By Admin | Published on : Jul 10, 2018 09:27 am
NEW YORK: A young Malaysia-born woman who is a chef and producer of artisanal food products has succeeded in breaking into the US mainstream Foodtown supermarket franchise which launched her products this weekend.
Foodtown supermarket outlets in New York, New Jersey and Pennsylvania will for the first time sell these products. Other mainstream specialty stores such as Dean & Deluca, Greene Grape and Kalustyan will also sell her products.
While Malaysian foods, condiments and sauces are visible on the shelves of some local ethnic markets, mainly Chinese-owned, Malaysian products in the mainstream US supermarkets have been a rarity so far – until Sunday when this young woman broke the tradition.
Auria Abraham, who was born and raised in Seremban and arrived in the US in the early 1990s, grew up in the midst of flavours and foods of her hometown, drawing inspiration from Malaysia’s diverse culinary and multi-ethnic makeup of Malaysia.
Before the Foodtown induction of her products, which are marketed under the brand “Auria’s Malaysian Kitchen” – also the name of her company – she had already won the 2018 ‘sofi’ bronze and silver prizes at the prestigious New York Fancy Food Show (NYFFS) 2018 held from June 30 to July 2.
Her company, which is based in Brooklyn, New York, presented two entries for the ‘sofi’ competition – the lime leaf sambal won the bronze prize in the cooking sauce (marinade) category while the pandan kaya (coconut jam) garnered the silver prize in the jam preserves category.
The products, two out of 150 winners, were judged by a national panel of specialty food experts; the products were judged on taste, including flavour, appearance, texture and aroma, ingredient quality and innovation.
In an interview with Bernama at NYFFS 2018, Abraham said that “Auria’s Malaysian Kitchen” is the only Malaysian food brand manufactured in the US today.
“We are trying to bring Malaysian foods that I remember from my childhood to the US market. Since our products are relatively unknown to most Americans, this honour is a much-appreciated confirmation that our products are well-liked and have great potential here.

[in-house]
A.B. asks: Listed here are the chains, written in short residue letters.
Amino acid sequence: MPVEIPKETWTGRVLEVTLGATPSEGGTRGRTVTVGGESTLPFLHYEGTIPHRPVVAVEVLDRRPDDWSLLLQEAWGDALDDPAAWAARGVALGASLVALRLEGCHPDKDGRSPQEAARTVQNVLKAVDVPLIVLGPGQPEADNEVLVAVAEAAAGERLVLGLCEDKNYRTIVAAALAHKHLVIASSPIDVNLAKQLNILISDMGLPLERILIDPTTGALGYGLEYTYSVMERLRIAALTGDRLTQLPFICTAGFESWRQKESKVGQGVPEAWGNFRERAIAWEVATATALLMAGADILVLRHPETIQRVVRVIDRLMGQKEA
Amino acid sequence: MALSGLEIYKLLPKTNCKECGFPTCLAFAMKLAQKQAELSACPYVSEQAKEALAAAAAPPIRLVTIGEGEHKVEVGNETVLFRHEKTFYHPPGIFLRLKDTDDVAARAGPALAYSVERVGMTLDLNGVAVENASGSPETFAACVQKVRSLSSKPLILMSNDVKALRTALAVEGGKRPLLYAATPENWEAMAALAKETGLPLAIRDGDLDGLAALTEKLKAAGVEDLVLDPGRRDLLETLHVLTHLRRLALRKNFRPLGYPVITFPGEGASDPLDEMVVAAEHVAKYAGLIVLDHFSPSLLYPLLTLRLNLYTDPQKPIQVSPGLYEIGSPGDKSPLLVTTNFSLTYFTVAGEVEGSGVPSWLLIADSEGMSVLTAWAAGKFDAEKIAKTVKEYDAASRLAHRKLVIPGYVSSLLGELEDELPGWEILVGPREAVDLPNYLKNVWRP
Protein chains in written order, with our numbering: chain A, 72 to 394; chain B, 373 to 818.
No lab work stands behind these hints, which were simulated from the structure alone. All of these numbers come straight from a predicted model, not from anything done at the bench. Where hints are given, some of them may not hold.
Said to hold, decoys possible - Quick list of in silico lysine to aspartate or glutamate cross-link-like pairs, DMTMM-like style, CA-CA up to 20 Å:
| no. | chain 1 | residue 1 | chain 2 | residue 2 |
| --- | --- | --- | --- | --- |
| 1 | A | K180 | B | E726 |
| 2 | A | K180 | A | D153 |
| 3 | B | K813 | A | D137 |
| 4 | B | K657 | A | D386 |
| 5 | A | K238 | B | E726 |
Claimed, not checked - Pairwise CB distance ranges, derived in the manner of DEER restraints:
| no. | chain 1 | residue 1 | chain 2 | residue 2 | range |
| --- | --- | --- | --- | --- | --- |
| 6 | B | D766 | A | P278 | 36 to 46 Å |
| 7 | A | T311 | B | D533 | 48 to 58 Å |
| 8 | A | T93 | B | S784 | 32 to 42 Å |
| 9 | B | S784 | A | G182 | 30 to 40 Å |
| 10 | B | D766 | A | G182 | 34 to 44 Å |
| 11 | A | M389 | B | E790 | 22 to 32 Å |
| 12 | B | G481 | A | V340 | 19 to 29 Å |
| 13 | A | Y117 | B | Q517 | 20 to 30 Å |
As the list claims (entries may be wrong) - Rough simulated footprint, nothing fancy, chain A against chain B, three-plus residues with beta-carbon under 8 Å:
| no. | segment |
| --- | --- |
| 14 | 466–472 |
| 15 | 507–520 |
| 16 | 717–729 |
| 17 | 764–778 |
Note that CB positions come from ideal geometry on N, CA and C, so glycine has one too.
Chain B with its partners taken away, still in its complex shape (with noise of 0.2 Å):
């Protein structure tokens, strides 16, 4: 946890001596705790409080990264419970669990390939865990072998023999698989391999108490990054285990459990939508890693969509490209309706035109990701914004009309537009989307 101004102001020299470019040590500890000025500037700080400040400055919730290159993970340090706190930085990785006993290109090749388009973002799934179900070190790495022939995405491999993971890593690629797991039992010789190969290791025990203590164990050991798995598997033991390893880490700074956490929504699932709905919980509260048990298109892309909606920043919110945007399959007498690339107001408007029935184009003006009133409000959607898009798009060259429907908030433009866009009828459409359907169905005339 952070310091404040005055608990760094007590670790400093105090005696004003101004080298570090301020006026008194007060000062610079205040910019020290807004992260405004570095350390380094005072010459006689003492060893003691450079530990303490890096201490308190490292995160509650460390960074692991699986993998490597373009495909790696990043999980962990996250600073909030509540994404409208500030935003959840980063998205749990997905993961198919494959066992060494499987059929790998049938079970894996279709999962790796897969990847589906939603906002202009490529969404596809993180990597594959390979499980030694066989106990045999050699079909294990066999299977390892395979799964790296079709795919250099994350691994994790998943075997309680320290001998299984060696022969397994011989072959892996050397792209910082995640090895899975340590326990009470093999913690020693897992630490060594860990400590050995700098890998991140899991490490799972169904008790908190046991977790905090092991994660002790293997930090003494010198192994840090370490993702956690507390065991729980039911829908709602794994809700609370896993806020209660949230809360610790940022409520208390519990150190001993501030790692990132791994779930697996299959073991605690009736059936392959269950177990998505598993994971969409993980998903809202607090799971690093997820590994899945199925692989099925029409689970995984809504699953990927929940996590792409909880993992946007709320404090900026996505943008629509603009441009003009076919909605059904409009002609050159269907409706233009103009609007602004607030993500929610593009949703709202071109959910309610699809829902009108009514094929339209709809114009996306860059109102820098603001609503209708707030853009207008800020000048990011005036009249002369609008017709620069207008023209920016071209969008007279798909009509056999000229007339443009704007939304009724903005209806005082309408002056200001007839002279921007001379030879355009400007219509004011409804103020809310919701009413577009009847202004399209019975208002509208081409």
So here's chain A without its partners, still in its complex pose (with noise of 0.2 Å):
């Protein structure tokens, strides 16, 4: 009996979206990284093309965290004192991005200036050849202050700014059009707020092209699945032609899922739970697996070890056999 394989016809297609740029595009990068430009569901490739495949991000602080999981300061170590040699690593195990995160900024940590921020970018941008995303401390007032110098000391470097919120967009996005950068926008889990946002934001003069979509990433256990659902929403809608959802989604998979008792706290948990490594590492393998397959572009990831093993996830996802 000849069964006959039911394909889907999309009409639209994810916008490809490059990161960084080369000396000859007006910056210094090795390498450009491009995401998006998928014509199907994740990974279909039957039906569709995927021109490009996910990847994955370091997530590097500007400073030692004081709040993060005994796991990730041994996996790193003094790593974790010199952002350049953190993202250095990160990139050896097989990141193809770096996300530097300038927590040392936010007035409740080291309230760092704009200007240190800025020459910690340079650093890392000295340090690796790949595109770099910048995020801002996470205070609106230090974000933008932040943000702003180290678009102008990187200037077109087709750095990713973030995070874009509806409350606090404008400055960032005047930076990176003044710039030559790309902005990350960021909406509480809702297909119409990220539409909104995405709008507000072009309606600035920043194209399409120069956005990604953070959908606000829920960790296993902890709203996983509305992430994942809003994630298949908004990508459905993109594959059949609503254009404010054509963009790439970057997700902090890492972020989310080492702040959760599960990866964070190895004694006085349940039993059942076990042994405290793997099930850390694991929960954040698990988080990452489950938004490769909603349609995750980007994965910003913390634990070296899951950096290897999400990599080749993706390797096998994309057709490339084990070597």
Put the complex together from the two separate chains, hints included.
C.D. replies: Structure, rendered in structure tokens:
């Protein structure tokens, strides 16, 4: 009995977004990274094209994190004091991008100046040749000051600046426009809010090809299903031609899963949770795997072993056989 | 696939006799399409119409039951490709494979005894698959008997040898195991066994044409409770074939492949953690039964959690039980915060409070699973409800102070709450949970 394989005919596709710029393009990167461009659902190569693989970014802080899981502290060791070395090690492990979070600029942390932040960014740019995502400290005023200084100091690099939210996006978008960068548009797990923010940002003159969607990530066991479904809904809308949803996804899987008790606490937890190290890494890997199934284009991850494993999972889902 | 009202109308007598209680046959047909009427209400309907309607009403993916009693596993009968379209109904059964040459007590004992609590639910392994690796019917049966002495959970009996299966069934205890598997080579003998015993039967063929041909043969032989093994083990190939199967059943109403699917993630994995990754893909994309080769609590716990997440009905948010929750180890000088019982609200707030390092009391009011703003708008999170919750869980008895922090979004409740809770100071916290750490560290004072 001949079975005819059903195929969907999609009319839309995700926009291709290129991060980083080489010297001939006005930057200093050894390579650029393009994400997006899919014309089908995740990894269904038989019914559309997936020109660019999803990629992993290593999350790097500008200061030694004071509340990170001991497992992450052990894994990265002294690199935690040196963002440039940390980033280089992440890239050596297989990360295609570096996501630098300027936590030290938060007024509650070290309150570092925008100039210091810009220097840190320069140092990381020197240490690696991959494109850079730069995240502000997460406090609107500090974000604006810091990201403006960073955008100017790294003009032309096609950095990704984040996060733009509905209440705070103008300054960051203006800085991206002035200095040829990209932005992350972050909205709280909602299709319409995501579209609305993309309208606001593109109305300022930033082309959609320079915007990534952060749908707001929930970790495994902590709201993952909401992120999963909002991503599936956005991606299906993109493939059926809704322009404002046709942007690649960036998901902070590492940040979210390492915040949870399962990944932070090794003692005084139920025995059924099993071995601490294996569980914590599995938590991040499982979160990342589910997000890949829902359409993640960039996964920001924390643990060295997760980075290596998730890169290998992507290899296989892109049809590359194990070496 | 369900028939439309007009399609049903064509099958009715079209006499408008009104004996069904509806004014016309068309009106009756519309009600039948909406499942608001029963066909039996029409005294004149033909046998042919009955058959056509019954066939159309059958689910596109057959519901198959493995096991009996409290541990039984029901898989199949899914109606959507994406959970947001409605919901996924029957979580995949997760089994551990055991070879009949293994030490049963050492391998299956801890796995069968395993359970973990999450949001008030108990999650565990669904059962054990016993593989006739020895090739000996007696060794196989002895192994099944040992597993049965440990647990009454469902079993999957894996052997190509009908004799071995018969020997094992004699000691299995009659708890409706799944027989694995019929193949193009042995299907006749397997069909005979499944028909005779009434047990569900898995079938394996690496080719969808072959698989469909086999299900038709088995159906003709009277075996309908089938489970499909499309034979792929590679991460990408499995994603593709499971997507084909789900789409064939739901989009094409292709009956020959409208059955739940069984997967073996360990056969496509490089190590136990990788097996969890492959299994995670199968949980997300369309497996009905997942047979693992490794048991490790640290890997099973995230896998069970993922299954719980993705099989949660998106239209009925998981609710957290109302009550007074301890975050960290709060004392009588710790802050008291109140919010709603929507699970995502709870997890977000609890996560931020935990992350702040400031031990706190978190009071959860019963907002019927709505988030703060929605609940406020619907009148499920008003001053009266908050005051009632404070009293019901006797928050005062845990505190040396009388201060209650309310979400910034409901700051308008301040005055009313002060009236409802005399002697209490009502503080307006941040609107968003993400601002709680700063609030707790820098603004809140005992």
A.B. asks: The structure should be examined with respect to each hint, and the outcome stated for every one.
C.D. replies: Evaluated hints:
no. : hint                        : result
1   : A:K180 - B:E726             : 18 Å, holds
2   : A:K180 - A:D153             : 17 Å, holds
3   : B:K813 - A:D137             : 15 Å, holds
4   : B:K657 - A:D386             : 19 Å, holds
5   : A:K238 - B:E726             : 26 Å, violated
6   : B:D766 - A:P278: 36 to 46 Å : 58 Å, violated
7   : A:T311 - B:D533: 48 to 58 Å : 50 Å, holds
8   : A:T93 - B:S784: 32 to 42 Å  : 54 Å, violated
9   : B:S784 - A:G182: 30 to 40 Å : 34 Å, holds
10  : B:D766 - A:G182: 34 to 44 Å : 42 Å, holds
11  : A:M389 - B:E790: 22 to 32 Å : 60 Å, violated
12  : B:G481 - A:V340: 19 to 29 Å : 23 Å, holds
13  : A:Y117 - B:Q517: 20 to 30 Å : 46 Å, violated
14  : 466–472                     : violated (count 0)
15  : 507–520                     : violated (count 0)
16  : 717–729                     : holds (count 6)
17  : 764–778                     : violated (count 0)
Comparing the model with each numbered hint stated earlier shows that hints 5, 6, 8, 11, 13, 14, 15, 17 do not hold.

“Our lime leaf sambal is a green chilly paste flavoured with makrut lime leaves that can be used as a cooking sauce, marinade or straight out of the jar as a condiment. Our pandan kaya is a popular Malaysian breakfast spread that can be used on toast, pancakes, waffles, etc.,” Abraham remarked, adding that her green sambal appears similar to green curry to US consumers who have tasted the latter, for example, in Thai restaurants.
She said that she was going to expand her operations; she already has a distributor for each geographical region in the US.
But she also emphasised the need to further promote Malaysian cuisine which, except for a few big cities, is not known much in the country.
Her company also organises food samplings in supermarkets where she has received an “overwhelmingly positive response” manifested in people’s reactions.
Abraham fondly remembered her growing years in Seremban and said that she would watch how her mother cooked in her kitchen at home.
“I offer my products the way my mother would prepare food for the family… without using chemicals or flavourings.
“The exposure to local Malaysian cooking inspired me to master the use of the plethora of Southeast Asian spices and herbs, using fenugreek and brown mustard in seafood and vegetable dishes, cinnamon, cardamom and cloves in meat dishes, galangal, fresh turmeric, etc. to flavour sauces and marinades,” she said, adding that “business expansion is very much on the cards and we are going to concentrate on tapping the business potential in the market”. - BERNAMA